Richard Strauss: Renée Fleming In Concert. Christian Thielemann conducts the the Vienna Philharmonic in an all-Strauss program of 5 songs and a tone poem. Recorded 2011 at the Großes Festspielhaus as part of the Salzburg Festival. Here are the works performed:
"Befreit" ("Released") Renée Fleming, soprano
"Winterliebe" ("Winter Love") Fleming
"Traum durch die Dämmerung" ("Dream at Dusk") Fleming
"Gesang der Apollopriesterin" ("Song of the Priestess of Apollo") Fleming
"Mein Elemer!" ("My Elmer" from the opera Arabella) Fleming
Directed for TV by Michael Beyer; produced by James Whitbourn. Released 2012, disc has 5.1 dts-HD Master Audio sound. Grade: D+ blended overall grade
This all-Richard Strauss title came out in 2012, and we call it the "Fleming/Alpen video." It has a great opera singer, Thielemann, a Gramophone top-20 German orchestra, and Strauss songs for a warm up to a great tone poem. Later in 2015 a similar title came out that we call the "Harteros/Alpen video." It also has a great opera singer, Thielemann, a Gramophone top-20 German orchestra, and Strauss songs for a warm up to the same great tone poem. Wonk Bryan Balmer just published a detailed review of the Harteros/Alpen video in which he gave the soprano a good grade for the songs and the orchestra a bad grade for the tone poem. So now we jump in with a long-overdue review of the Fleming/Alpen video. And we also give our soprano a good grade and an even worse grade for the tone poem. In both recordings great work by the ladies is overshadowed by a tone poem video that's crippled with a dreadful case of that dastardly, obnoxious, grave disease we call DVDitis.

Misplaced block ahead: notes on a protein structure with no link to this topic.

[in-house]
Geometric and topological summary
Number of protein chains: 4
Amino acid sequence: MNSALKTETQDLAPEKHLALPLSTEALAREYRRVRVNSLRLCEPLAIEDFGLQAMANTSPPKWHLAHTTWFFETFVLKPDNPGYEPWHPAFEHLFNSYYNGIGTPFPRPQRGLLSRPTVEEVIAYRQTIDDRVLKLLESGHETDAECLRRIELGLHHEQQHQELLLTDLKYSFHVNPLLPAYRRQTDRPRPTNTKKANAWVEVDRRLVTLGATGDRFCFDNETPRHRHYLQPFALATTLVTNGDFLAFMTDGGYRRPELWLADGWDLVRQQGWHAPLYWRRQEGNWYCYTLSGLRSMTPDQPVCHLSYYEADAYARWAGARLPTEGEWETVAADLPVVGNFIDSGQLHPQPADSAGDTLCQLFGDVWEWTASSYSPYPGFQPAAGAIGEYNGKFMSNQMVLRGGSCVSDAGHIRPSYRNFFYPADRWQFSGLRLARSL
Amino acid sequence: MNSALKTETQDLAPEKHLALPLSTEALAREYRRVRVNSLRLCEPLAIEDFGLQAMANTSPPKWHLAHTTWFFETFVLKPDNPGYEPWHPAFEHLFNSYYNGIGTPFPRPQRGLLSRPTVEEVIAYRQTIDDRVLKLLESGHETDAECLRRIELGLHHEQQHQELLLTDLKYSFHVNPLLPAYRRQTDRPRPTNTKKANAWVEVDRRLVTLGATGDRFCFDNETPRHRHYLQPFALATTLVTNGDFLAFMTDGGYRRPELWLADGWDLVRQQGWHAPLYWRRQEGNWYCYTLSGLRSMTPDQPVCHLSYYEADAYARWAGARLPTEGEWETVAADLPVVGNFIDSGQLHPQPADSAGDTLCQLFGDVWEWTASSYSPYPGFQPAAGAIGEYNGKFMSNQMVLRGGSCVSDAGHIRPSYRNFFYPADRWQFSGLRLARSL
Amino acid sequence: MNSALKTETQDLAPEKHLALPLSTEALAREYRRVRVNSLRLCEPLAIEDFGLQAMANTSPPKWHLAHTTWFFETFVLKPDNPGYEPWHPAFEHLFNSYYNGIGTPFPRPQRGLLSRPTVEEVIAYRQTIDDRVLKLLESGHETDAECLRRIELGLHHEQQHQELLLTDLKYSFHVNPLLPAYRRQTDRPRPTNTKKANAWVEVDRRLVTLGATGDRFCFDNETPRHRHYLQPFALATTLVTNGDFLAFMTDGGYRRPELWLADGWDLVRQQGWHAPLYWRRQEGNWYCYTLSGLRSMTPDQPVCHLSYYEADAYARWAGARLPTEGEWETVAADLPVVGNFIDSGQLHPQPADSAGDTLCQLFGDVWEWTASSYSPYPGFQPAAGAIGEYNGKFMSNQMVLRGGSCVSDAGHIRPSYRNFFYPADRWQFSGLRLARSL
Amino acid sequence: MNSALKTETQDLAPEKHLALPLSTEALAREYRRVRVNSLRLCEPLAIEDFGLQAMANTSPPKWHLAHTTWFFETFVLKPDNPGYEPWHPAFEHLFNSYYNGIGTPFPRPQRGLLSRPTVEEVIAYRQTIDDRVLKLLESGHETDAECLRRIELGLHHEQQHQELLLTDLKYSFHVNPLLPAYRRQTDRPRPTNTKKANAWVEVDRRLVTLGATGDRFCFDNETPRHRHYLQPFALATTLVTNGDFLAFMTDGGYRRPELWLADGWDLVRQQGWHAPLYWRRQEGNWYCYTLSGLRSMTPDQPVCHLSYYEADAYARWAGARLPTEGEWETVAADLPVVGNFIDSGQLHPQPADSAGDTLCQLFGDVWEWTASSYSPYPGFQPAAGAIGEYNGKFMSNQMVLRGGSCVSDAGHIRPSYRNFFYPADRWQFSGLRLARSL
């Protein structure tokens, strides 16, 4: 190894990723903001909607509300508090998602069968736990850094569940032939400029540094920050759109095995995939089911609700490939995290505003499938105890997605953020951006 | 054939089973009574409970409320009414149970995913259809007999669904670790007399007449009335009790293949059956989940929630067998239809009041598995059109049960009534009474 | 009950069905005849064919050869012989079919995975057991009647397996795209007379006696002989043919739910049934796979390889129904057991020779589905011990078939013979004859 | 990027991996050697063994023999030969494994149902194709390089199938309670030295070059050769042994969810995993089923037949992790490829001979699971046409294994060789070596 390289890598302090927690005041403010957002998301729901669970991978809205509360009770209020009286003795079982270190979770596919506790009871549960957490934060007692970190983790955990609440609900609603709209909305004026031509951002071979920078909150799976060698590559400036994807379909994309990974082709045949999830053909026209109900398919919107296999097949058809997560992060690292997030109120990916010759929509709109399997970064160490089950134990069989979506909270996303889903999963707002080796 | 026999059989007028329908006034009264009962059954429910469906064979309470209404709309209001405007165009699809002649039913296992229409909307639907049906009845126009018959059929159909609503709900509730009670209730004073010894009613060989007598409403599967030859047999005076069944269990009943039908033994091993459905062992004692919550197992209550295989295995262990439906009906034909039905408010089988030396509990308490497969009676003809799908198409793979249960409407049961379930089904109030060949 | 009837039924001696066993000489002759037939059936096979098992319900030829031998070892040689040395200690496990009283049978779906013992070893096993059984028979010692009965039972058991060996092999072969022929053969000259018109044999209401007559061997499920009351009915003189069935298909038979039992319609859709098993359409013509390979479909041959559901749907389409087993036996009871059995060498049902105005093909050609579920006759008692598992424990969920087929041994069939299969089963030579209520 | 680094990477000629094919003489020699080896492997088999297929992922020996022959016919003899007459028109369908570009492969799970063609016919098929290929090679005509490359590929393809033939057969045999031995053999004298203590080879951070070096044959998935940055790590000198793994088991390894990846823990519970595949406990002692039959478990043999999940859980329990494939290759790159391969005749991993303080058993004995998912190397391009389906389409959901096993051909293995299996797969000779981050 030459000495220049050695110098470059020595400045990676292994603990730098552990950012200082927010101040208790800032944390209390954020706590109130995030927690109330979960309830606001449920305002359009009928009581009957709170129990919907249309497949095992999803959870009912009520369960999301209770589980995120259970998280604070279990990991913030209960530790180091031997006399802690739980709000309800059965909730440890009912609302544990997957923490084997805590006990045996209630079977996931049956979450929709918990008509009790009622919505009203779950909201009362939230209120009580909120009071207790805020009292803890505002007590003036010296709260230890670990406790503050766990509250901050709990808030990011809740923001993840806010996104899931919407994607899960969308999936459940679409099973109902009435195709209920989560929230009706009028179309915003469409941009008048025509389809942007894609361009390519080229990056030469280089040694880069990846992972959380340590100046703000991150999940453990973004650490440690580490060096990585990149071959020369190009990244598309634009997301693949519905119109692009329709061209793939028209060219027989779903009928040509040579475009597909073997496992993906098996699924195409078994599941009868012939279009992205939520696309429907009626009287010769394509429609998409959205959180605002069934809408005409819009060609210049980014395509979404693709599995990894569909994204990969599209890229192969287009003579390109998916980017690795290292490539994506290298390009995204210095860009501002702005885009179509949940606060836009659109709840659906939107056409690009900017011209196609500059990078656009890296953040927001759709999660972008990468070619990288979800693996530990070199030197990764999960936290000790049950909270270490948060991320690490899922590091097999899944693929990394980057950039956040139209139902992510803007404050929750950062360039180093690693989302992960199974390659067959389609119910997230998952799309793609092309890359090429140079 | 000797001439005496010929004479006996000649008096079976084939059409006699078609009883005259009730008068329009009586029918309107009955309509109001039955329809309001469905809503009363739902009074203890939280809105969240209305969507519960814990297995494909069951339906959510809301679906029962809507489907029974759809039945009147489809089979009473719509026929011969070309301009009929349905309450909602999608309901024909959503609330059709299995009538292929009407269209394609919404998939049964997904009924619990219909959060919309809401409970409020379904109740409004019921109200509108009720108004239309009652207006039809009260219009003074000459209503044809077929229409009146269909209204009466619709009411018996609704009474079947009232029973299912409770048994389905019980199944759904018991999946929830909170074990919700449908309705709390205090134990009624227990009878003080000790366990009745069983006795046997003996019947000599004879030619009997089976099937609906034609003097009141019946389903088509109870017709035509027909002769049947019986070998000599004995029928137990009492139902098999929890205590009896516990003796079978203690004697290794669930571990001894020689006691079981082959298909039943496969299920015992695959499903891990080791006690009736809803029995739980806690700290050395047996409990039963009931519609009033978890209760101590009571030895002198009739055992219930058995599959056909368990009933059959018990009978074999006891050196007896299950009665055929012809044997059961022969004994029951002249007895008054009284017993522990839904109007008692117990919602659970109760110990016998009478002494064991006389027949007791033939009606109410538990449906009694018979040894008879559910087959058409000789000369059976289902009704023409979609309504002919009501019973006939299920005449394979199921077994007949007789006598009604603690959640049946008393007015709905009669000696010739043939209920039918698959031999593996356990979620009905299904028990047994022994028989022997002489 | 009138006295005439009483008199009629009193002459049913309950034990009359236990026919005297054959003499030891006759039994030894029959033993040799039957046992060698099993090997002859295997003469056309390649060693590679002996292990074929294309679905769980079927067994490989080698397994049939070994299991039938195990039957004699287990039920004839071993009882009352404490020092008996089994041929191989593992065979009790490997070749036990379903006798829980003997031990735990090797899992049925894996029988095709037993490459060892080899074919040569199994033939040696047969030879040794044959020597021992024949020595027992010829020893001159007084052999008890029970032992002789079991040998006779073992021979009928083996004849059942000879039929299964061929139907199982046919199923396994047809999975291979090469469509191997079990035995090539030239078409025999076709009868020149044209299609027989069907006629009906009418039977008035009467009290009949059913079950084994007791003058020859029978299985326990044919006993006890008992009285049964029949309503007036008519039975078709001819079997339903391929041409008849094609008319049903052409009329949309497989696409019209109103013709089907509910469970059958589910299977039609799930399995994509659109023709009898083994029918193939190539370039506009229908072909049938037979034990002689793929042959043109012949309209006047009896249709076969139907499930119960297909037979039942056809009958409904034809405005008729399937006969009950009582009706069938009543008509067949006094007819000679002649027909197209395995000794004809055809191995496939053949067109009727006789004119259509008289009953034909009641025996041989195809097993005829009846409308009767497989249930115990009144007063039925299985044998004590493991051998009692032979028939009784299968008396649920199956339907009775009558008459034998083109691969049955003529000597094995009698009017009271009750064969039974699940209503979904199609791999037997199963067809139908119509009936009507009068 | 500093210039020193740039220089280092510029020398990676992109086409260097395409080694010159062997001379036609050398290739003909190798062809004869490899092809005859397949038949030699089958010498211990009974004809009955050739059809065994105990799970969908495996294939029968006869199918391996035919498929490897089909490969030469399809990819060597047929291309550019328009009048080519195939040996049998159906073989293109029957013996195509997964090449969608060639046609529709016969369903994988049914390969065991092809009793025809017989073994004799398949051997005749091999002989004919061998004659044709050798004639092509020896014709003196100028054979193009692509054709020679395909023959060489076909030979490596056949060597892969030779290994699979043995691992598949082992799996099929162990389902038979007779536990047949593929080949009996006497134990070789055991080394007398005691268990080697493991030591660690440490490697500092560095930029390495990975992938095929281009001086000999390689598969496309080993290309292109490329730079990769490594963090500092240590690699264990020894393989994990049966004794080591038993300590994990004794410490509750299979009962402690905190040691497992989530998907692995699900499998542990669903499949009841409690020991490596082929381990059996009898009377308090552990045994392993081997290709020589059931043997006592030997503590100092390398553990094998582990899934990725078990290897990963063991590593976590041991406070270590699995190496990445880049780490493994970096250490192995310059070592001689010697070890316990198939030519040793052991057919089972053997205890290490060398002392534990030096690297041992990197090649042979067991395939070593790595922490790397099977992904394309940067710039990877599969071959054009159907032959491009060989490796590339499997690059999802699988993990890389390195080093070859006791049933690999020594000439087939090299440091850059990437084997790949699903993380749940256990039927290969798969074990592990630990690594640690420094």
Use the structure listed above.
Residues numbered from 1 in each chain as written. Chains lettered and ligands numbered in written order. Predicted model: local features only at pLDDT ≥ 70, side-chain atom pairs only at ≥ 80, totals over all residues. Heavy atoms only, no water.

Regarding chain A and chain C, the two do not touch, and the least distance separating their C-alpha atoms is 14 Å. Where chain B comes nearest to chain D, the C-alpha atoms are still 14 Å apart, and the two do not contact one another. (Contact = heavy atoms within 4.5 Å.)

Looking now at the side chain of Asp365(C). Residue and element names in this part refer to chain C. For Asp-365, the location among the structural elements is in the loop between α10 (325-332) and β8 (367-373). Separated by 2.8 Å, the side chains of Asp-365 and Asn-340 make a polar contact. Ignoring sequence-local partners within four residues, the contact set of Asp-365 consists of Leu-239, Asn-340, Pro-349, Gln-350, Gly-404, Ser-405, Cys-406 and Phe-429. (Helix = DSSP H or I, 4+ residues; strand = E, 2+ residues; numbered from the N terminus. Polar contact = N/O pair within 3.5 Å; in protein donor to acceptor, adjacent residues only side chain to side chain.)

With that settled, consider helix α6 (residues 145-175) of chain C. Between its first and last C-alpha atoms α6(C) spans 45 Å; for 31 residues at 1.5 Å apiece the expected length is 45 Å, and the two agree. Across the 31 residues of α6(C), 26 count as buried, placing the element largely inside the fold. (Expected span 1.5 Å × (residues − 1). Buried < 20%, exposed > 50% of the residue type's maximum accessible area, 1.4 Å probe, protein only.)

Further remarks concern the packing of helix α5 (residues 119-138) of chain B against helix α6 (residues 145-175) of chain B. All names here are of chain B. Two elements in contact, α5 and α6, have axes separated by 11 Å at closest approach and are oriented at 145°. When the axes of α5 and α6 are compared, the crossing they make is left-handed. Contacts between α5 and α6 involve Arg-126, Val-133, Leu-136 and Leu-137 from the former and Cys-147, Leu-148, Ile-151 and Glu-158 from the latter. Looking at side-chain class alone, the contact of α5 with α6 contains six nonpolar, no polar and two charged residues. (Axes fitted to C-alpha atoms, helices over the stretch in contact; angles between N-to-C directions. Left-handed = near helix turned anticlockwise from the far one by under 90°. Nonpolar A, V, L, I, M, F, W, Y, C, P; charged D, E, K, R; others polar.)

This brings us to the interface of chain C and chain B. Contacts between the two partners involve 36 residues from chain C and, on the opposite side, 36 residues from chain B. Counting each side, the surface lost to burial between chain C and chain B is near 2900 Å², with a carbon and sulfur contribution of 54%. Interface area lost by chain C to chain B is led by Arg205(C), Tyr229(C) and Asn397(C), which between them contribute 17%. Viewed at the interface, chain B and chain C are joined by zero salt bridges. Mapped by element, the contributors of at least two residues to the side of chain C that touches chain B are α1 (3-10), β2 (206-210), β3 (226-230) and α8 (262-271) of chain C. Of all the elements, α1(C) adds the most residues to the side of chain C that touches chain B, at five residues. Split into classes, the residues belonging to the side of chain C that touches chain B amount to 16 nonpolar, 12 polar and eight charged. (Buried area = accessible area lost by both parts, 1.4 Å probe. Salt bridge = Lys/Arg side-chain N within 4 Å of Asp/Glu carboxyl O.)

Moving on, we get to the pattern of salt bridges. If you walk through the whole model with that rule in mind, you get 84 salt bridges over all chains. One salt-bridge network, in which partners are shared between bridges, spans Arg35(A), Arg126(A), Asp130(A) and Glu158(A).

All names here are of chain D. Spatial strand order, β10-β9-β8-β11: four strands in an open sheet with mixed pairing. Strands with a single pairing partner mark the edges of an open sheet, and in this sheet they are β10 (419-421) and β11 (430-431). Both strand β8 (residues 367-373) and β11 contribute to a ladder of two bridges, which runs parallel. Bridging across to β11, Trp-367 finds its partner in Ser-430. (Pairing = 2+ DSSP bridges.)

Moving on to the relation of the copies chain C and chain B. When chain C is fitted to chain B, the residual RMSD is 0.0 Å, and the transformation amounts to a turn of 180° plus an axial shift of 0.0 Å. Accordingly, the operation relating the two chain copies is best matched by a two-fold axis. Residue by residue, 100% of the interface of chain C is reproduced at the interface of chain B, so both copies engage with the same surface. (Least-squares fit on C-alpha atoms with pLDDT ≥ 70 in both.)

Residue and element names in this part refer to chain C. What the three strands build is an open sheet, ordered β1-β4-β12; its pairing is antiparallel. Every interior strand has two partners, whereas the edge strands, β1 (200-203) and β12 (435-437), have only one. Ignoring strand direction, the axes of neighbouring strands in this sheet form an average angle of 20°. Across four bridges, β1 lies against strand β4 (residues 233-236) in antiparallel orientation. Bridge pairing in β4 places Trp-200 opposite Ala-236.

If you're going to read either of these reviews, you would want to read both. I'll link the two so you always can read them together.
If you started with this Fleming/Alpen review and you don't already know about DVDitis, you should go now to Balmer's Harteros/Alpen review. There you can bone up on DVDitis and the tools we use on this website to identify and fight the disease. Then you will be ready for the rest of this review.
Renée Fleming Singing Strauss Songs
Fleming warms up the crowd and the band with 5 nice songs that last 23 minutes (not counting the rests between songs). We did a Wonk Worksheet for these 23 minutes. We suggest you print out this WW and keep it handy. Look in the middle of the WW for the number 64 in a circle. This says that this short video has 64 realistic clips of Fleming singing. In the next 5 screenshots you see some of these 64 clips, all shot from different angles or ranges. In most of these shots you also see quite a lot about what the orchestra in doing:
Next below is a shot of Fleming that is not realistic since no audience member could see this. We also call this a conductor-over-backs shot. On the Wonk Worksheet, you see the designation "C/B" near the top---the form shows there are 9 conductor-over-backs shots during the 23 minutes Fleming sings. This is way too many of these low-value shots in such a short time: